A Plea to Improve the State Constitutional Convention Process
34 Pages Posted: 10 Nov 2014 Last revised: 4 Feb 2015
Date Written: November 4, 2014
The contemporary democratic function of the periodic state constitutional convention referendum should be to provide a mechanism for the people to amend a state constitution about matters that are extremely difficult to address via a legislature due to a legislature’s institutional conflict of interest with the people. Examples of such matters include redistricting, ethics, and term limits reform, as well as resetting the checks & balances between the legislative, executive, and judicial branches of government in a way that constrains the legislative branch.
Unfortunately, the state constitutional convention cannot fulfill this democratic function if the legislature has undue control over implementing it. This working paper proposes a solution to this problem: a new type of public body that consists of a series of constitutional convention “e-juries" (a variation on the "mini-public" idea) that would iteratively choose among plans submitted by contestants for creating a constitutional convention's enabling act. The proposal is applied in the context of Rhode Island's state constitutional convention convening process.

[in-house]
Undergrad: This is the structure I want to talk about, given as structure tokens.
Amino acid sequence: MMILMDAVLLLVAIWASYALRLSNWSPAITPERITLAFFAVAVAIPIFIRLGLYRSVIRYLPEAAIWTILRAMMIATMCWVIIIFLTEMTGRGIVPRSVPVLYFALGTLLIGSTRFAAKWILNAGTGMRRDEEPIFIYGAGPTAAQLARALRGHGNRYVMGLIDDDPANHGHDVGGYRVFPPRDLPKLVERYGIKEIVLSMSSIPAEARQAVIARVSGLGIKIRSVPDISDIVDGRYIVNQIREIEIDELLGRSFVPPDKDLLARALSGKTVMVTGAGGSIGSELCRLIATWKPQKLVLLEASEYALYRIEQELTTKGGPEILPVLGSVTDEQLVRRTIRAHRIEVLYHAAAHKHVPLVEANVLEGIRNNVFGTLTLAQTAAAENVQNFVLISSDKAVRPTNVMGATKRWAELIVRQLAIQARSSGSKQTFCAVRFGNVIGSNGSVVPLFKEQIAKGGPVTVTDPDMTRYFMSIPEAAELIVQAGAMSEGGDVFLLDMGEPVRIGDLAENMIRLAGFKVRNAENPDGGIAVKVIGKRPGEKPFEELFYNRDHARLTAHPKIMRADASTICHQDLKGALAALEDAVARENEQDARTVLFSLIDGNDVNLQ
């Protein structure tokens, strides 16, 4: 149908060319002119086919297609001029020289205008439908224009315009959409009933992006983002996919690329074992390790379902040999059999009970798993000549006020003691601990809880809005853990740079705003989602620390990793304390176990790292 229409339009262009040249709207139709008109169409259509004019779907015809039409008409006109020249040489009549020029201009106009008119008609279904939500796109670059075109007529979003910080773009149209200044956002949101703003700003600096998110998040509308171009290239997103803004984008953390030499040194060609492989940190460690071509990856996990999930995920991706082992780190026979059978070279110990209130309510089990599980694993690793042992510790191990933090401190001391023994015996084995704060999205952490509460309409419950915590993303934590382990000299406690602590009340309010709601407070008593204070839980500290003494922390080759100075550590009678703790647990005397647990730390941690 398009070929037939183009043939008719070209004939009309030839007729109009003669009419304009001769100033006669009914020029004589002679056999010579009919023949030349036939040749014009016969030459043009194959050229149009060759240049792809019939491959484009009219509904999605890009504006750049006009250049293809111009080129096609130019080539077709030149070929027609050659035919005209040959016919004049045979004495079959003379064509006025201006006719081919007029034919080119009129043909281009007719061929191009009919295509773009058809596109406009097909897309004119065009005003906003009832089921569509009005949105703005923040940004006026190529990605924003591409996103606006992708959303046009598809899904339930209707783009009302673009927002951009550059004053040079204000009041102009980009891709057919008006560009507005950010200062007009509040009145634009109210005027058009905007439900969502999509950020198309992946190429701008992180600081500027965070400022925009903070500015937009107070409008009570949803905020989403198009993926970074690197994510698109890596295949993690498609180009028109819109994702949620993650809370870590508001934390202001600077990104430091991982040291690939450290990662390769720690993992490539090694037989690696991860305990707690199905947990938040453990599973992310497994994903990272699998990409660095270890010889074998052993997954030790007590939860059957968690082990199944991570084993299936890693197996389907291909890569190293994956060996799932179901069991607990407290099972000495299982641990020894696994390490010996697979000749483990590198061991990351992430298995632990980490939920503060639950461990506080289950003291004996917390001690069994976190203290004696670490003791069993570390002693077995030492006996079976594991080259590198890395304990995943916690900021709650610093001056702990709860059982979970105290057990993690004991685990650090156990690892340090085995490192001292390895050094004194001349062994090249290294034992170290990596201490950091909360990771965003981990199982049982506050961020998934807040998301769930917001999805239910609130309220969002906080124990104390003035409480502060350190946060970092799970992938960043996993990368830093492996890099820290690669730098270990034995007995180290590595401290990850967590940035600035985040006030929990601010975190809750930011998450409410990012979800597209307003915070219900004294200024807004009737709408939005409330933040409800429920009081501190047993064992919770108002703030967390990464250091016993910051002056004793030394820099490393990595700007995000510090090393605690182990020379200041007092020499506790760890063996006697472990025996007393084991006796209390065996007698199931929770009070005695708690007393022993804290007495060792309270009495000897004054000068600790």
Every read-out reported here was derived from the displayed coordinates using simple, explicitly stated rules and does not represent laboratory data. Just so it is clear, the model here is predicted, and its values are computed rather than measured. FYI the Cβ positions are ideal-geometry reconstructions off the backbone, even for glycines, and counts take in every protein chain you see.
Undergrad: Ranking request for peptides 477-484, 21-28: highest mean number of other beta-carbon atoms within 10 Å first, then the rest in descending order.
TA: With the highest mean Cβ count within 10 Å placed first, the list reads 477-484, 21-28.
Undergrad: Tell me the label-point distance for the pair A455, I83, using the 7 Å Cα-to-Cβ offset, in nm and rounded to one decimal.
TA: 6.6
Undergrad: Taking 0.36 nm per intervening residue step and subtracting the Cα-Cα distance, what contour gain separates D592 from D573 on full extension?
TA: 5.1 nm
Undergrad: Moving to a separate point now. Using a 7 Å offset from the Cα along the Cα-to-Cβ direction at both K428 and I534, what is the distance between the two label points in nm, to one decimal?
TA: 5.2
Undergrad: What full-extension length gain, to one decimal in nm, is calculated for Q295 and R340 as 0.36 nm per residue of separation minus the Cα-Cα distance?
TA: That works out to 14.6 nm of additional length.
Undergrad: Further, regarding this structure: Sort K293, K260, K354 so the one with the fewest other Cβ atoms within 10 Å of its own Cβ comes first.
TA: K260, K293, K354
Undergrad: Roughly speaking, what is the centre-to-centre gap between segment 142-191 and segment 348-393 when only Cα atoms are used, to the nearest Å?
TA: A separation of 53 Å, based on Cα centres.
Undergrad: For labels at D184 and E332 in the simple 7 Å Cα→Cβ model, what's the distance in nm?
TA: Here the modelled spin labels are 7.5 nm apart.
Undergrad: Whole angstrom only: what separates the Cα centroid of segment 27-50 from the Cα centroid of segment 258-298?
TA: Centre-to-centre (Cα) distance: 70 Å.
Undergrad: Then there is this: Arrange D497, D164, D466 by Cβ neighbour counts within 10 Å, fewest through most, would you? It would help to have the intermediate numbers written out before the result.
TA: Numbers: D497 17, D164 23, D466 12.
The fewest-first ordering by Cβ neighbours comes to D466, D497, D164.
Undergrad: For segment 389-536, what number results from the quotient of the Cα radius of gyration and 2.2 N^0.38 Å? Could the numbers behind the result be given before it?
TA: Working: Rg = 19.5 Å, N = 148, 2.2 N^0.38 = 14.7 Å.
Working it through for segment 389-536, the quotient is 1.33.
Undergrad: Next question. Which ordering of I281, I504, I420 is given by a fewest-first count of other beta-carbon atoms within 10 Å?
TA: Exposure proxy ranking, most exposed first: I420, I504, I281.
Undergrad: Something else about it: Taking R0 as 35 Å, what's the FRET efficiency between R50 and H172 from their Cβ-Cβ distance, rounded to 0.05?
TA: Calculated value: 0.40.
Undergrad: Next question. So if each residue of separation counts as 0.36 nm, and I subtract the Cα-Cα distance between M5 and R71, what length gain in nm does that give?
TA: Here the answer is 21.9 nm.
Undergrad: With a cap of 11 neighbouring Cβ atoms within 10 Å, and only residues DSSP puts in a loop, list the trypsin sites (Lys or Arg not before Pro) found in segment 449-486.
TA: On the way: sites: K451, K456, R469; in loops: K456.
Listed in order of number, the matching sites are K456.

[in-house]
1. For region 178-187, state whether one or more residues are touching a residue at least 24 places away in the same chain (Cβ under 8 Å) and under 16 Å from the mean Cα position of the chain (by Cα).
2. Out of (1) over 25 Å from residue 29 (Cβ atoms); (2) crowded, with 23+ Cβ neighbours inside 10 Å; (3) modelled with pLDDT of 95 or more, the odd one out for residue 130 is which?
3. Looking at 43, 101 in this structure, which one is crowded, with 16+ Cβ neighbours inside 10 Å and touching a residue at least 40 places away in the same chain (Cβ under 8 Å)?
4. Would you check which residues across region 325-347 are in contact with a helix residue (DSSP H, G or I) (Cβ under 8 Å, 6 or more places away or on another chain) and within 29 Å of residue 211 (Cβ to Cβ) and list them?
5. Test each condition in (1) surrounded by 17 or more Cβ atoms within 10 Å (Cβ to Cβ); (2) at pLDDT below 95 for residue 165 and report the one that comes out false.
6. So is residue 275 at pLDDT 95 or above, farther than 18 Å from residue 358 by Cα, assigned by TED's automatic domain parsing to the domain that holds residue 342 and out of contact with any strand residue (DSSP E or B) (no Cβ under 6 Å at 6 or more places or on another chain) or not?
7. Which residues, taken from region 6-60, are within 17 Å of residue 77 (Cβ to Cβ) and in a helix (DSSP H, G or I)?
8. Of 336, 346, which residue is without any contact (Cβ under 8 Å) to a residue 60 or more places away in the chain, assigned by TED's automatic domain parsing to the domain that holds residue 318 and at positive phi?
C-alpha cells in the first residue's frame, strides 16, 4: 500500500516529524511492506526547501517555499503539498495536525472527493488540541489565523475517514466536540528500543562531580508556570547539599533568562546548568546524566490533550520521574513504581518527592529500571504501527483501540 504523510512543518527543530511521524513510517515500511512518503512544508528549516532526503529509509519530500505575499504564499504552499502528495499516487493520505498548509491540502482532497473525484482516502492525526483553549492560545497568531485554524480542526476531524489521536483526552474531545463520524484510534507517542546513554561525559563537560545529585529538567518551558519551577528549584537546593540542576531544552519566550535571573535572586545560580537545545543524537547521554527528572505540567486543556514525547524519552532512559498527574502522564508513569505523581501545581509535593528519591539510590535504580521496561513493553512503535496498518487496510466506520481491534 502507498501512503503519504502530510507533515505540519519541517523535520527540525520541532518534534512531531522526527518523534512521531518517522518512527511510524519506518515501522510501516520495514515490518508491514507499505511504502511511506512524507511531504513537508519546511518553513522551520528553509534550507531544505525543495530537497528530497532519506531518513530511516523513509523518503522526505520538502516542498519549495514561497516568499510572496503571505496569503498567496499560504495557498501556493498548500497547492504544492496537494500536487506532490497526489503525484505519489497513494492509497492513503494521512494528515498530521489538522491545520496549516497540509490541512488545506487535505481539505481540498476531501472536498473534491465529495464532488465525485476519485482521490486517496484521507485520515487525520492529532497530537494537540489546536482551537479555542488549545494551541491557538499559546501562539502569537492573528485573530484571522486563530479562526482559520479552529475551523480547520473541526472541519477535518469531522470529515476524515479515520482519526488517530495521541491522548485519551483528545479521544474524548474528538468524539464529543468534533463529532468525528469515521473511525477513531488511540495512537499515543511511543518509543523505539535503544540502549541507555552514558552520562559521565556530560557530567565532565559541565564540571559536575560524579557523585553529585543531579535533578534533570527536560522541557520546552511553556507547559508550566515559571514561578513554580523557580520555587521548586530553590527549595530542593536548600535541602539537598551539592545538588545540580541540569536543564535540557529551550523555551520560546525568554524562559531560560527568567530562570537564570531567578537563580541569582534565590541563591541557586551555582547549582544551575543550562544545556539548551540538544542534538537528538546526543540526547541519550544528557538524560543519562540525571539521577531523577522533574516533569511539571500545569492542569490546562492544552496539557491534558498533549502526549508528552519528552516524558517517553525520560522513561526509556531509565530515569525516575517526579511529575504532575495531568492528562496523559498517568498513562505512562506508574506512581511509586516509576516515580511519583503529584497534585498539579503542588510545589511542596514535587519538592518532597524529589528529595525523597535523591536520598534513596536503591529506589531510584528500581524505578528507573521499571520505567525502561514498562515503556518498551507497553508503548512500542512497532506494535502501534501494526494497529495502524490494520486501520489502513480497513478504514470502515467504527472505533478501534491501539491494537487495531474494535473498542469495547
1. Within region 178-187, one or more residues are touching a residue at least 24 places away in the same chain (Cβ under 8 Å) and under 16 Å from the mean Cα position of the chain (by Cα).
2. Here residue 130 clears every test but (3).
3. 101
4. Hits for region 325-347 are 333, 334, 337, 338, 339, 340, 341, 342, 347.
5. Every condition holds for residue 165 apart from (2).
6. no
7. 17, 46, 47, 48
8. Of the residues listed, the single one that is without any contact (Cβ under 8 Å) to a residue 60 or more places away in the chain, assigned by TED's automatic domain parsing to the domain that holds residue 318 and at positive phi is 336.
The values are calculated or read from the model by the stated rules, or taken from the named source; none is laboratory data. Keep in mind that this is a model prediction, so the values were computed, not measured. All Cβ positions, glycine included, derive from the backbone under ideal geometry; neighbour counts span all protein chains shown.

An alternative and less radical use of such an e-jury would be as a last resort remedy for the courts if a legislature failed to implement a constitutional convention as mandated by a state’s constitution. Thus, even if a constitutional convention e-jury was never called in practice, it could have a salutary deterrence effect on a legislature. A multistage e-jury could also be used to deal with other democratic reform problems where the legislature has an institutional conflict of interest with the people.
The state constitutional convention is an institutional gem in the rough that merely needs some shining for its democratic value to shine through.
Keywords: constitutional convention, legislative redistricting, legislative ethics, legislative transparency, democratic reform, democratic deficits, Dorr Rebellion, term limits
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